It’s a new day in Detroit.
The Detroit Lions have officially hired Dan Campbell as their head coach. Campbell will become the 30th head coach in franchise history, as the Lions hope they can instill some stability and a new path forward.
The last three full-time head coaches of the Lions have coached less games than the last, and no Lions head coach has been in town longer than five seasons since Wayne Fontes (1988-1996).
Detroit has given a huge show of support to Campbell, signing the 44-year-old a 6-year contract. The team has a new GM as well, having signed former Rams Director of College Scouting Brad Holmes to a 5-year contract last Thursday.
Are they making the right bet at head coach?
Campbell was not a hot candidate during this recent head coaching cycle, but clearly impressed enough with the only team he interviewed. He’s received interviews in years past, but has never been the must-have coach in any offseason.
Campbell has head coaching experience from 2015 when he was the interim head coach of the Miami Dolphins, going 5-7 in 12 games after the team started 1-3 under Joe Philbin before he was fired. However, he has never been a coordinator. It’s very rare for a first time head coach to never have any coordinator experience. Of the other 30 NFL head coaches at this time, only two had no formal coordinator experience prior to becoming a head coach: Brian Flores and Andy Reid.
Campbell was a tight end for 11 seasons (including 3 with Detroit) before retiring after 2009. He then became a coaching intern with the Dolphins in 2010, then their TEs coach in 2011. After his interim HC stint, Sean Payton (who Campbell played under for 6 seasons when Payton worked for the Giants and Cowboys) hired Campbell as their assistant head coach and TEs coach.
Campbell is considered a great leader, and the Lions are betting on his leadership ability to move the franchise forward. He’s been compared to Mike Vrabel, but I’m not sure that’s an apt comparison. Vrabel is also considered a great leader of men, but he had coordinator experience and grew up the son of a coach (albeit basketball) and educator. He seemed to have an upbringing more inclined to coaching, and he has shown an ability to be one of the better situational coaches in the NFL; I don’t get the same vibes from Campbell.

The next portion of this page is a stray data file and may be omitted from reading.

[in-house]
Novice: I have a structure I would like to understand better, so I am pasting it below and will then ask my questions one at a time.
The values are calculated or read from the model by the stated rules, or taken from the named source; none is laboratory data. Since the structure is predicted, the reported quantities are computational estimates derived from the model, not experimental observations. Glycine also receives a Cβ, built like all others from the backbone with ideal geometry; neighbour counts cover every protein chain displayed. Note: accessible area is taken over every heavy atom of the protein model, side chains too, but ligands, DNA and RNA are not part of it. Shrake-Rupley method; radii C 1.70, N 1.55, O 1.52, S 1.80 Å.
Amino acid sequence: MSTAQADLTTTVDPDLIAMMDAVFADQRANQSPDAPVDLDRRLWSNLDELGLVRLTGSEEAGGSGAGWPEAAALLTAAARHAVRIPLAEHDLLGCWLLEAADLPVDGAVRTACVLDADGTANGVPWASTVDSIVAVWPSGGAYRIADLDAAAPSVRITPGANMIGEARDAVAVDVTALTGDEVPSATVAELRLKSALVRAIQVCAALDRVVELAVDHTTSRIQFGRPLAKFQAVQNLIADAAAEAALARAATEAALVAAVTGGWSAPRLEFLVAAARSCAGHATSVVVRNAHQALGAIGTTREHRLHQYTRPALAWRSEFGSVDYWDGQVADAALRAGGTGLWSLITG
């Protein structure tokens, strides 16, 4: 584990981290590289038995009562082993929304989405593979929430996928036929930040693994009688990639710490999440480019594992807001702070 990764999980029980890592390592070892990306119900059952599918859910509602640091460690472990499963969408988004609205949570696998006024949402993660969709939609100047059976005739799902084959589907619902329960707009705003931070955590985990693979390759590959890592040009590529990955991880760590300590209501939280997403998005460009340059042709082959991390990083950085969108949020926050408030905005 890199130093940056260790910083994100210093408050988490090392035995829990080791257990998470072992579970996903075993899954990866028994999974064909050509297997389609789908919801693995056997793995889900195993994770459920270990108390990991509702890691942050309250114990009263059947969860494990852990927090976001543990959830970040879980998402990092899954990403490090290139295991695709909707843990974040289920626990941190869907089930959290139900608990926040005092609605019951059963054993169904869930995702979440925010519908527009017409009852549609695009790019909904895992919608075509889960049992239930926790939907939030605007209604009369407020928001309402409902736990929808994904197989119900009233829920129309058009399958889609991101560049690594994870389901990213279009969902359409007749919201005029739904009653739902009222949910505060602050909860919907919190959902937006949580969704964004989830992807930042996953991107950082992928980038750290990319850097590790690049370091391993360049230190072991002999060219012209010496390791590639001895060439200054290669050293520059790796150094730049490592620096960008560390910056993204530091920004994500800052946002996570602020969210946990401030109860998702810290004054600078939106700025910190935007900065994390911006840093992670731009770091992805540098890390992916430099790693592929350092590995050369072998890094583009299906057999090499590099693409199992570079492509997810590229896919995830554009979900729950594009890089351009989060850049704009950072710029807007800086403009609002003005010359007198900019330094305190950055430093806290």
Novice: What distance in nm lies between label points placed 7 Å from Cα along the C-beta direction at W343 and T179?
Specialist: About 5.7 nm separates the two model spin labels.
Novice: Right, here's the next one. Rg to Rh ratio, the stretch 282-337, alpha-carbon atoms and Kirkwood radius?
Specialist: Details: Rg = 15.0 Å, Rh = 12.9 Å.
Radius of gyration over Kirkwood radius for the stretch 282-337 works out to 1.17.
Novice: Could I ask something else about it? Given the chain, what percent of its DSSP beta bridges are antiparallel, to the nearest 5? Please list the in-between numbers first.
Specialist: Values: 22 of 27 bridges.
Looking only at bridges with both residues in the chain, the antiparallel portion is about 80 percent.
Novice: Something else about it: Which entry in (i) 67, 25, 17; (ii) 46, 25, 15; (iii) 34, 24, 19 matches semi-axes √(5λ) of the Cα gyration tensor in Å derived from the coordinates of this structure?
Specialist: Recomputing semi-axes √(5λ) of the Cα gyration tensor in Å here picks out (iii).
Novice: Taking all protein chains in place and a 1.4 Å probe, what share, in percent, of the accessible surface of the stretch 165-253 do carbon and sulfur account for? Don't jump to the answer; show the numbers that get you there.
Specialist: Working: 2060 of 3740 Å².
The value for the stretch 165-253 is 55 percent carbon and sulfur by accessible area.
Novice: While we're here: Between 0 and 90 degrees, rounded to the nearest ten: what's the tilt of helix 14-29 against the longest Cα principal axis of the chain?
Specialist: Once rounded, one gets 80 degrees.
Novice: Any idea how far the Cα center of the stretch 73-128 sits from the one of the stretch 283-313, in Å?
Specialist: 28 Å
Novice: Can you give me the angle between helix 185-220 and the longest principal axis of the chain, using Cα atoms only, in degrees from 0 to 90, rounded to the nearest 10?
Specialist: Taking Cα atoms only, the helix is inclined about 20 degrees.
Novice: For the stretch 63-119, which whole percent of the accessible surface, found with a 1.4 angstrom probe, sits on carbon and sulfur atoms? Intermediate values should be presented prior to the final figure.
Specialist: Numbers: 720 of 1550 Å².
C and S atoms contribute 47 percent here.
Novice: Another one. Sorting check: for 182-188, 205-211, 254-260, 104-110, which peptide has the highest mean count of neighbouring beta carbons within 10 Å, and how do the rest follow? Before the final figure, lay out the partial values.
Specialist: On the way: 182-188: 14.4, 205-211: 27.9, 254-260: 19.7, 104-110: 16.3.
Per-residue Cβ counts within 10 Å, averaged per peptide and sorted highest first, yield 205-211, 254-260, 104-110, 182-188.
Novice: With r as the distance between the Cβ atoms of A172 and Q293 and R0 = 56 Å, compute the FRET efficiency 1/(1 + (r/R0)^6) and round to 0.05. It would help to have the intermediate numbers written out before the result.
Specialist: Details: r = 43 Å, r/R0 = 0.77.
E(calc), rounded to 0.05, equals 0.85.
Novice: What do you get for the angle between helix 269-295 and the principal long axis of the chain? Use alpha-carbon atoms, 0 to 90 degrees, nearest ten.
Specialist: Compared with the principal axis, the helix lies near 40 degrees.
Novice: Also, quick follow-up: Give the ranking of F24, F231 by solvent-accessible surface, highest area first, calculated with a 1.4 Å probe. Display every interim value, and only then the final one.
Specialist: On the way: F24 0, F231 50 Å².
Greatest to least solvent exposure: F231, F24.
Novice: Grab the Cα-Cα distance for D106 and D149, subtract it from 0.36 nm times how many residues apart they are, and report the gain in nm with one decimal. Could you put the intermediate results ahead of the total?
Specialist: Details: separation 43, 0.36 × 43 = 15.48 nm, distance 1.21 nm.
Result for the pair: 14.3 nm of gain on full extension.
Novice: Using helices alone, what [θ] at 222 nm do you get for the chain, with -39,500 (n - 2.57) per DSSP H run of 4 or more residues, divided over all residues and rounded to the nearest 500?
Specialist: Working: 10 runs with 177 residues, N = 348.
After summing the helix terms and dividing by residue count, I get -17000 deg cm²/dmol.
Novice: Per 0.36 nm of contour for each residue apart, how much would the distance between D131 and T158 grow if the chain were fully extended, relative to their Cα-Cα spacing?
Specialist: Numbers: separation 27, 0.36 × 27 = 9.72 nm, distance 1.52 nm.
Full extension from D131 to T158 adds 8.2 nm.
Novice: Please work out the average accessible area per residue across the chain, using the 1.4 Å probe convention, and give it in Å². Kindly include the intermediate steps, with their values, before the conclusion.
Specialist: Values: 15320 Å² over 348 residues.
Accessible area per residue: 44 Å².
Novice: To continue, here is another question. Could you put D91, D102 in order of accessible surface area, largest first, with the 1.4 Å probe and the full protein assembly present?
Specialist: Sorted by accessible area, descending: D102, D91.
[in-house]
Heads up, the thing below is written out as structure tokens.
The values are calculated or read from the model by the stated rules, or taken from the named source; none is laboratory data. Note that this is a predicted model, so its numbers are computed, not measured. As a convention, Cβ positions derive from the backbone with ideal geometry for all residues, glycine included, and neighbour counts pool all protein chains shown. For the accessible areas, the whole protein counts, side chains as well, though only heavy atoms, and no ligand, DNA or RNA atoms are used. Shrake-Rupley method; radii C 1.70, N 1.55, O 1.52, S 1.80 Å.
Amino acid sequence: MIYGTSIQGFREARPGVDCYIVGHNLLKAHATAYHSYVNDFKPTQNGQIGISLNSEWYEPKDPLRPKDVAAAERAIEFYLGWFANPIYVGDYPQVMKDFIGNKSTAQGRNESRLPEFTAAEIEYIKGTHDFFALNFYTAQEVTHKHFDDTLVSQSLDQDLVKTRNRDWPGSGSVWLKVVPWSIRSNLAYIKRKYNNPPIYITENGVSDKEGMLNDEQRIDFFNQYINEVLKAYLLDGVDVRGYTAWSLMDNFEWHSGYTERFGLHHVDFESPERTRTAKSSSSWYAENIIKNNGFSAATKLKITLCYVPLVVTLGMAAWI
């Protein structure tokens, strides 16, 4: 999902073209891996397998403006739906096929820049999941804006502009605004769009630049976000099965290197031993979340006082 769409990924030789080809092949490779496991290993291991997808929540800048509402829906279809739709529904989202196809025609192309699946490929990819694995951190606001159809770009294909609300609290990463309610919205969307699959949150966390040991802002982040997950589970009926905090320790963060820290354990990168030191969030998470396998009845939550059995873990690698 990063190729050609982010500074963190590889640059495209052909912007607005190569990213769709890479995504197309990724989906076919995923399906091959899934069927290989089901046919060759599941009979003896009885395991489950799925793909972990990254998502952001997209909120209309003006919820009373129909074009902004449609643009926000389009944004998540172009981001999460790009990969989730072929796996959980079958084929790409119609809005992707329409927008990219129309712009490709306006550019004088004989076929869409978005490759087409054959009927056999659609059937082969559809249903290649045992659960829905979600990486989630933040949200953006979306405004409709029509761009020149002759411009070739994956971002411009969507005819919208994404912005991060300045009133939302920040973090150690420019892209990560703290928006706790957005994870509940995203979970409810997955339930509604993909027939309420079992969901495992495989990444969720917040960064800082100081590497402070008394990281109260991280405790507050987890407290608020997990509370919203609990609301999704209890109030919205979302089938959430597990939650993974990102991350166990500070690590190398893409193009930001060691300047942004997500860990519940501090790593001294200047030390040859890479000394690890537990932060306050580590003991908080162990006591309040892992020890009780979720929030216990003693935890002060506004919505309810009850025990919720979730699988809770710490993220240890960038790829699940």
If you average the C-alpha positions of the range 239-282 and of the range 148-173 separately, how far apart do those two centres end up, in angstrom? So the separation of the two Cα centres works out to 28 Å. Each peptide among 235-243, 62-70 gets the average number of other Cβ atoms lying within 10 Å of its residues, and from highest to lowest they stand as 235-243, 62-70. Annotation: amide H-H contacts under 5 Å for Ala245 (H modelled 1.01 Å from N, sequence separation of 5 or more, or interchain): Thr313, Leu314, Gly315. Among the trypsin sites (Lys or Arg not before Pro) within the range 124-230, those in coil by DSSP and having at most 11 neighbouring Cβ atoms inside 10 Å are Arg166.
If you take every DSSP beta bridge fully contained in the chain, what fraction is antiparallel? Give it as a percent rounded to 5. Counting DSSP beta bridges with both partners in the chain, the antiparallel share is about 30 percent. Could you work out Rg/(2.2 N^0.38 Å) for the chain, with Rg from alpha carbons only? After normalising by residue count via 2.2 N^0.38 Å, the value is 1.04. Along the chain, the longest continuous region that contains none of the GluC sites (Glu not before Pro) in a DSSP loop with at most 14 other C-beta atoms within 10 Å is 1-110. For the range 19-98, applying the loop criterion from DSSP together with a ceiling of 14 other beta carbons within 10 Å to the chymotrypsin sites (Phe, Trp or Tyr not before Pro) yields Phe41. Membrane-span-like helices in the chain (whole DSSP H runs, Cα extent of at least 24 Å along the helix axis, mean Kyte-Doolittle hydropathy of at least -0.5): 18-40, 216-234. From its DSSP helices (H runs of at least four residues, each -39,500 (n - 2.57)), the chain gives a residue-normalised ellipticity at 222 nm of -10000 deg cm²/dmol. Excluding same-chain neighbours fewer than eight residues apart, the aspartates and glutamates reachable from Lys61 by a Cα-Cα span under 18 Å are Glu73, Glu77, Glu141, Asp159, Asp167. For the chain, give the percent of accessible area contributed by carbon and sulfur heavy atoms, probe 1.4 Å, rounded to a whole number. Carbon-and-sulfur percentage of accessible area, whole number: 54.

Leadership is important, but to a point. Can he actually COACH? New Jaguars head coach Urban Meyer says schemes are great but it’s not the main reason teams like the Patriots are so successful year-after-year. Yes, you need to build a winning culture, but players need to be put in the best situation to win, and schemes and in-game coaching (something Patriots coach Bill Belichick is considered the best at) are vital to success. Campbell will have to build a strong staff around him to help bridge his inexperience (his DC is set to be Saints secondary coach Aaron Glenn, a former player himself).
We are seeing a rise in former players who spent considerable time in the NFL as players quickly enter coaching. Mike Vrabel is the first in this wave to become a head coach, and Campbell is next. Names that could soon follow included Glenn, Jerod Mayo, DeMeco Ryans, Kevin O’Connell, Mike Kafka and Larry Foote. Maybe Campbell is a new type or archetype that could be set up for success.
Still, for an organization with such a void of stability and success, I worry about the chances of success here. That does not mean Campbell can’t set a new chapter for Detroit and become a great coach, it’s just hard to do so with a team that has had to so with every new head coach the past 25 years because the previous coach never had any success or did anything truly positive (except maybe Jim Caldwell).
His inexperience making big in-game decisions worry me, where he’s going worries me. He’s being given a long leash to learn on the job (which is good), so it seems the Lions expect a learning curve, but how much patience will they truly have? We should know by Year 3 whether this has any chance of going well, but don’t expect it to be rosy between now and then.
Credit to photo above from WDIV
Follow Hold My Drink Sports on Twitter (@holdmysporttake) and Instagram (@holdmytakesports)